The revolution was televised
It’s easy to lament the current state of American society. The public remains bitterly divided, our political system is dysfunctional, we just survived a presidential campaign that innovated every time it appeared to reach rock-bottom, and the new president has record-low approval ratings for this early in a term. The opioid epidemic is destroying communities, the economic recovery missed millions, terrorism remains a threat, and many Americans find their values under siege.
Yet, as bad as that sounds, the 2010s have nothing on the most tumultuous and traumatic decade in recent American history — the 1960s. The ’60s featured some of the same fractures, cultural upheaval and venues of conflict that we see today. But the sheer magnitude of the decade’s tragedies, conflicts and challenges to longstanding cultural norms dwarfed what we’ve experienced in recent years.
The ’60s were like going 12 rounds with the decade’s most prominent athletic titan, world champion Muhammed Ali — who, fittingly for the 1960s, was also deeply polarizing. As soon as Americans absorbed and recovered from the latest blow, another one rained down. Looming over it all was a Cold War that threatened nuclear annihilation.
In October 1962, 13 of the most tense days in post-Civil War American history highlighted the precarious state of the world. Americans feared that the Cuban Missile Crisis might end in nuclear holocaust. Only the cautious, measured action of President John F. Kennedy prevented catastrophe. Kennedy resisted more bellicose courses of action, and instead successfully defused the situation.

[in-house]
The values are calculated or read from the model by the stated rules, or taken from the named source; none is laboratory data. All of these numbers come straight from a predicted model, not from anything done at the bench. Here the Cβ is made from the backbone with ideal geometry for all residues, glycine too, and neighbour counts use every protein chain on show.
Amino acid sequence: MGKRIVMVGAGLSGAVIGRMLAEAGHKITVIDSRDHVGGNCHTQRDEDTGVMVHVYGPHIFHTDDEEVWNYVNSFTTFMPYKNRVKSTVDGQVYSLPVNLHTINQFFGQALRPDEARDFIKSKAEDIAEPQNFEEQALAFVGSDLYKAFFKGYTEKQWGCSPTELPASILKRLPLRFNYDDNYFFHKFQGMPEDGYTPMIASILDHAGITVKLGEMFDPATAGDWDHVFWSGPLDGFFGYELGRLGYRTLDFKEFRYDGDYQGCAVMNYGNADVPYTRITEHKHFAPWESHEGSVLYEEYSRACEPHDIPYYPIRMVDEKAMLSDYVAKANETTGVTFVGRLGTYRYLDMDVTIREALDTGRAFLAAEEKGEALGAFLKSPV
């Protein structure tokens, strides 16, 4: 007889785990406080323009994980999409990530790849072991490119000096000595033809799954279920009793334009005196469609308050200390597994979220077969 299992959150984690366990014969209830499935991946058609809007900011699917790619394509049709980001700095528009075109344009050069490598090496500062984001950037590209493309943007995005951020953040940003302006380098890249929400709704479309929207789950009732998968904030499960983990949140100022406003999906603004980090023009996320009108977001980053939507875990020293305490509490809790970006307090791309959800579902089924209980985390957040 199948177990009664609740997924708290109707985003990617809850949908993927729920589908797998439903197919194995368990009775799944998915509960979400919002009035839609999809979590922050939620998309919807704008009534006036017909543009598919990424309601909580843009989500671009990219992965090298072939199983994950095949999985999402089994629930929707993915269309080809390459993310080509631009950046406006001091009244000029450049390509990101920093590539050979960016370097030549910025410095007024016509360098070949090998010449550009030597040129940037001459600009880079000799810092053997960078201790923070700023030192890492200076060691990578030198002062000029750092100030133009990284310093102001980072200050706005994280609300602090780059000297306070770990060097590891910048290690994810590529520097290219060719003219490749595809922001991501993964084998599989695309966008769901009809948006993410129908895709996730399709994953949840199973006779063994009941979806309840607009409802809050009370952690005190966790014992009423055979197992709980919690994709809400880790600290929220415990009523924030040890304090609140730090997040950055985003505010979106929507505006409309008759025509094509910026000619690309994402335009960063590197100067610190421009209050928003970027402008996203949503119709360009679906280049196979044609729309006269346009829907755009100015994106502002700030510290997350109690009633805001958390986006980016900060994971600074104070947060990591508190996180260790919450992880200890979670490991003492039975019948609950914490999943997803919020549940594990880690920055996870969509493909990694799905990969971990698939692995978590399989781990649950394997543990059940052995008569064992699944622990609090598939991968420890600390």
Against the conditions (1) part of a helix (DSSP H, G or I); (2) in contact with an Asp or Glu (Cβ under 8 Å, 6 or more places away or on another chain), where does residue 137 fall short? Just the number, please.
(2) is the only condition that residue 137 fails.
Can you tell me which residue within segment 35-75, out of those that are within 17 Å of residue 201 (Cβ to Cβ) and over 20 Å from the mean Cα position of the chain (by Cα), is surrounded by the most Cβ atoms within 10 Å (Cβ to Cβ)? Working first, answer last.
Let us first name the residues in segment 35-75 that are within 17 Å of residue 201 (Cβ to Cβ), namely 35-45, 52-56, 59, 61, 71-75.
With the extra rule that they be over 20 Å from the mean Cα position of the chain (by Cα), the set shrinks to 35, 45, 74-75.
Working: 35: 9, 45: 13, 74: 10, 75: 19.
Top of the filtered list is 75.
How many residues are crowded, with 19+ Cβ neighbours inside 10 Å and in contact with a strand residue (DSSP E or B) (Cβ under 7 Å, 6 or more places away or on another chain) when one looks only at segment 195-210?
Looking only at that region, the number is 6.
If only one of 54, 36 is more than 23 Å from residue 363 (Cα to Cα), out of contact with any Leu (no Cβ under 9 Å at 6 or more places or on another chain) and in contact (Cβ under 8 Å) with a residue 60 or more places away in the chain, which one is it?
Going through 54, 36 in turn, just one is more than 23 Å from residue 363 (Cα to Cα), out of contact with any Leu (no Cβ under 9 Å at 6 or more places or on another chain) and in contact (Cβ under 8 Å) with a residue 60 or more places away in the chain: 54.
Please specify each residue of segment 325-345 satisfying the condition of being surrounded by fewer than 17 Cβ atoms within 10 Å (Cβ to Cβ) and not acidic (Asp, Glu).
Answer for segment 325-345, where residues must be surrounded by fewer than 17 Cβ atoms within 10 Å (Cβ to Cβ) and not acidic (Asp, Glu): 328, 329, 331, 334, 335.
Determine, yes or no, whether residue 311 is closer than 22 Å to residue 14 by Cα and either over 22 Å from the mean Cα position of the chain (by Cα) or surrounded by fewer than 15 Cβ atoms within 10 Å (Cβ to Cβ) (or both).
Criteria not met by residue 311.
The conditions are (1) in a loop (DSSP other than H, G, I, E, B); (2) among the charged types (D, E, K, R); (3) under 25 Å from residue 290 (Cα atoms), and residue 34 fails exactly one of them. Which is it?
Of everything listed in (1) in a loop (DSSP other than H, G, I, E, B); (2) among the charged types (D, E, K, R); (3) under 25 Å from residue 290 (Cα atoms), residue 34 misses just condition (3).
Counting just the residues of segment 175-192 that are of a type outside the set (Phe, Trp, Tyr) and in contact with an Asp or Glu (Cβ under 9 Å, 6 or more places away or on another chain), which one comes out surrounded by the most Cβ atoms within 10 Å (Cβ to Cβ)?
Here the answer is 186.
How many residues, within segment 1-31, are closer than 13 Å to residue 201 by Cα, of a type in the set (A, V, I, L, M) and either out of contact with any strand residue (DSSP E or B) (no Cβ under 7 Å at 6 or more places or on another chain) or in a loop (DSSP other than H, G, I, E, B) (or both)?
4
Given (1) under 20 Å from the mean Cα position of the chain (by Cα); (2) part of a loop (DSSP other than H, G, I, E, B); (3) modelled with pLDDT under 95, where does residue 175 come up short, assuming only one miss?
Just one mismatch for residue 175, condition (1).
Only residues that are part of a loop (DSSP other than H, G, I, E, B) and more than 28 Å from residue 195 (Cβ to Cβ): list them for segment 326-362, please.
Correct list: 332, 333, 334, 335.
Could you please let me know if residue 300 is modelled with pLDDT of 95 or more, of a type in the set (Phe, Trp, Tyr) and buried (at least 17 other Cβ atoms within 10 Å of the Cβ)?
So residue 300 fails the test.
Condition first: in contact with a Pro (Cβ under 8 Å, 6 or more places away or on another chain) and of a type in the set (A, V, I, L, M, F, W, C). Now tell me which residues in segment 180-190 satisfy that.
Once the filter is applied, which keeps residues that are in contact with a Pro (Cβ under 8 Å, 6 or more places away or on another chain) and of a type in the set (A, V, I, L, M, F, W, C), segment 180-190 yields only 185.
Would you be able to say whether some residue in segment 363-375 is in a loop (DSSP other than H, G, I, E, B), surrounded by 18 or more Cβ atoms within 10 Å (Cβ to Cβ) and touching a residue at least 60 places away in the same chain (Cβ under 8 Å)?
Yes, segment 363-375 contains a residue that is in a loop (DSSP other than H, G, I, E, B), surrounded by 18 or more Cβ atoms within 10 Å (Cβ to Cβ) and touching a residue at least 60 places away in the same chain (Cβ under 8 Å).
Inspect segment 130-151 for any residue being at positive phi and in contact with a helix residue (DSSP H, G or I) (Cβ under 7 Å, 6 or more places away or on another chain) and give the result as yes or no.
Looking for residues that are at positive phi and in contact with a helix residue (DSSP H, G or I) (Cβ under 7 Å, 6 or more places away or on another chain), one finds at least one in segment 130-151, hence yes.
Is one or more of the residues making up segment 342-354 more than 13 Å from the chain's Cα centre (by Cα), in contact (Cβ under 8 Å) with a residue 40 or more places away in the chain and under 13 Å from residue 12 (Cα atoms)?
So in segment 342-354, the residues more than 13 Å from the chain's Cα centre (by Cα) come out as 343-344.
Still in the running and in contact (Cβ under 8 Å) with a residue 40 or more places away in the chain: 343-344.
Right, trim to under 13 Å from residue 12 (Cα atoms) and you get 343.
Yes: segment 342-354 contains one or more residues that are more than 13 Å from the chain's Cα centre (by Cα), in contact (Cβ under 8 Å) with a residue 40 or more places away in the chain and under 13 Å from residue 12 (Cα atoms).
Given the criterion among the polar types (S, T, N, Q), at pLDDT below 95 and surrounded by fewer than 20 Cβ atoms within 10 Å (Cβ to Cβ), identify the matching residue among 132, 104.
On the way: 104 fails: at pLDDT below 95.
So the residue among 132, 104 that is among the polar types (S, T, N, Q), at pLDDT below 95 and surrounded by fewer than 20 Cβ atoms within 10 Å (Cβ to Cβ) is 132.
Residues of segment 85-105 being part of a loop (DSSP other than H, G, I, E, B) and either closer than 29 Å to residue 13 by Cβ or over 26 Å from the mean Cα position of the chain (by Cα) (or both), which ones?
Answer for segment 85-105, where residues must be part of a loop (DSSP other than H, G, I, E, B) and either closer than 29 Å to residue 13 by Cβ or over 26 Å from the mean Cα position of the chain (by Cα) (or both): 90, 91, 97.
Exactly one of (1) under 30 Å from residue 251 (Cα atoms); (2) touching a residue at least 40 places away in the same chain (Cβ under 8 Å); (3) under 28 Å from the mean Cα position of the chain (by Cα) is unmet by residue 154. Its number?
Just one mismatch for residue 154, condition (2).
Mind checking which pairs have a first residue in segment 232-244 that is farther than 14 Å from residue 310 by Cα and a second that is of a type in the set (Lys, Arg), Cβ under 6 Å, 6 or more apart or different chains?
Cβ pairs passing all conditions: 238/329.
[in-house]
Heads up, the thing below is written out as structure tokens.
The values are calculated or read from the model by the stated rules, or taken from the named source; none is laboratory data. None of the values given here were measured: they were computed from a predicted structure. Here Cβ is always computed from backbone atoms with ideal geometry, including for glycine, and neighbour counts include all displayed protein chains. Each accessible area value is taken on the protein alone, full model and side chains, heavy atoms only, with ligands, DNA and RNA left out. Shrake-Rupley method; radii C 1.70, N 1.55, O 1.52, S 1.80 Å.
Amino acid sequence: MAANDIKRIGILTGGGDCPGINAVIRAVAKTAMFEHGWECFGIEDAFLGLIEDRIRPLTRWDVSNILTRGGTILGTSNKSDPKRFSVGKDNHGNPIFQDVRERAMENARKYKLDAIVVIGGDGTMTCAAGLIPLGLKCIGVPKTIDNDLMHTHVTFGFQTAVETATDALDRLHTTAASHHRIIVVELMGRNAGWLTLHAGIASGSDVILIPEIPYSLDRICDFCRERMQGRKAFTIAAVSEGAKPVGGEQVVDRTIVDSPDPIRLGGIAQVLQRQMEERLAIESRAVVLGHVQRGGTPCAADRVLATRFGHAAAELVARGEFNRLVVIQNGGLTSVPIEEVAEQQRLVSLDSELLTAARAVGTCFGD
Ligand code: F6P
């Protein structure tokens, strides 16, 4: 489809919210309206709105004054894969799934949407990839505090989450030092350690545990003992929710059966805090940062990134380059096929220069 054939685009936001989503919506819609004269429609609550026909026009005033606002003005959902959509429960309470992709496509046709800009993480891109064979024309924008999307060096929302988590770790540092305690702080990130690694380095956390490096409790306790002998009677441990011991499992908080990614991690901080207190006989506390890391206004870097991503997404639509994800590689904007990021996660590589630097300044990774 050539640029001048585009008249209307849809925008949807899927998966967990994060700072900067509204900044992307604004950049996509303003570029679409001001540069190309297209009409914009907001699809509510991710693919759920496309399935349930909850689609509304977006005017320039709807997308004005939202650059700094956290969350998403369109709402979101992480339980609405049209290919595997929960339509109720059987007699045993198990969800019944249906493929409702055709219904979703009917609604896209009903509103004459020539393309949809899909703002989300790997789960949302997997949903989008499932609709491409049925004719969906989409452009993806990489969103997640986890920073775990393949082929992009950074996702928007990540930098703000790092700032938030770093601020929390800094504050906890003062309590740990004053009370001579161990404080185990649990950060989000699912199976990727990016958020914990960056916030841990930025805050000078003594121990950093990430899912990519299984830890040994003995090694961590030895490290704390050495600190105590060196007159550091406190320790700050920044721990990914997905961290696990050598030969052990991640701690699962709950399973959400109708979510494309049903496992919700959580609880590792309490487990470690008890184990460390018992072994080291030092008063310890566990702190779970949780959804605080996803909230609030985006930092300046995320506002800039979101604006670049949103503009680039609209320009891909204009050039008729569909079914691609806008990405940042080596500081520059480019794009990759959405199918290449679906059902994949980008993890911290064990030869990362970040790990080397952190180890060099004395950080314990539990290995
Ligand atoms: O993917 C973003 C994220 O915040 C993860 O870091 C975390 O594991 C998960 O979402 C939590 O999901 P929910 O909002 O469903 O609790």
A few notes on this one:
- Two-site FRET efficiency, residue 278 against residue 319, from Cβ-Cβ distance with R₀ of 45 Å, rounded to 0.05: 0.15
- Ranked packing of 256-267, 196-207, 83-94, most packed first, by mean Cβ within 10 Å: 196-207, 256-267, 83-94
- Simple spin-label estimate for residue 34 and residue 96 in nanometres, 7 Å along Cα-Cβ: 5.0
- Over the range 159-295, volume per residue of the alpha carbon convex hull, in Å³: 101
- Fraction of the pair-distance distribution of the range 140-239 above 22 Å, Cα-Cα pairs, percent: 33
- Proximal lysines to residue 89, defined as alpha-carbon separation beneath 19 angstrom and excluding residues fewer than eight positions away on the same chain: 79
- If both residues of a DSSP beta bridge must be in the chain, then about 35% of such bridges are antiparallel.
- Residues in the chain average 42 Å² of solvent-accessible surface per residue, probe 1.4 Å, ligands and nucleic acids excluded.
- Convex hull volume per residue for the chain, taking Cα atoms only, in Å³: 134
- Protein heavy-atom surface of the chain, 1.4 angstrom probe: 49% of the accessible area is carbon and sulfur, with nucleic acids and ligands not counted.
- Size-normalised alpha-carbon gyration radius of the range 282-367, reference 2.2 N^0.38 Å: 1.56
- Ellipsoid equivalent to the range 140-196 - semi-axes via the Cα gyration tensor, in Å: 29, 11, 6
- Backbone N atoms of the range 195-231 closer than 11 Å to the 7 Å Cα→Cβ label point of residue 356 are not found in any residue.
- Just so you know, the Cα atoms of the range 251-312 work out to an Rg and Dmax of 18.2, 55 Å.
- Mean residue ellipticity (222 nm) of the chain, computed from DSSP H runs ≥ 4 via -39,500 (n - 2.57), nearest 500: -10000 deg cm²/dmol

Alas, 13 months later, he’d be dead, struck down by Lee Harvey Oswald and a $12.78 rifle. The gutted nation ground to a halt for four days of mourning. Banding together in sorrow, a million Americans from every demographic group flocked to Washington to witness the fallen president’s final journey to Arlington National Cemetery.
Virtually every American mourned “together,” thanks to unprecedented continuous commercial-free television coverage. NBC broadcast 71 hours of programming, CBS 69 hours and ABC 60. More than 90 percent of American households watched coverage, and, on average, they tuned in for more than 31.6 hours. Those Americans glued to NBC saw Jack Ruby gun down Oswald live. Kennedy’s somber funeral proceedings, which concluded the four-day period, drew viewers in 81 percent of households.
The most memorable images from these tragic days remain permanently etched in the national consciousness — among them, CBS newsman Walter Cronkite fighting his emotions as he removed his spectacles and notified the nation of Kennedy’s death, Lyndon Johnson taking the oath of office with a stricken Jackie Kennedy alongside him in a blood-stained suit, and little John Kennedy Jr. saluting his father’s casket on his third birthday.
With Kennedy’s loss, some of the promise and innocence of the 1960s vanished. Dealing with tragedy, violence and assassinations would become commonplace.
In the first half of the decade, the awful images that invaded television screens most often involved Southern brutality against peaceful civil rights protestors. On March 7, 1965, 48 million Americans settled in to watch “Judgement at Nuremberg,” a film about the trials of Nazi war criminals. Roughly 90 minutes in, however, ABC interrupted the movie to show 15 minutes of news footage so horrifying that it might have come from the film itself. The audience heard Alabama Sheriff Jim Clark bellowing a racial slur as state troopers and deputies descended upon peaceful black marchers. The viewers witnessed officers wailing away on the marchers with billy clubs, bullwhips and cattle prods, while liberally dispensing tear gas. “Bloody Sunday” spawned such outrage that it propelled the Voting Rights Act to passage.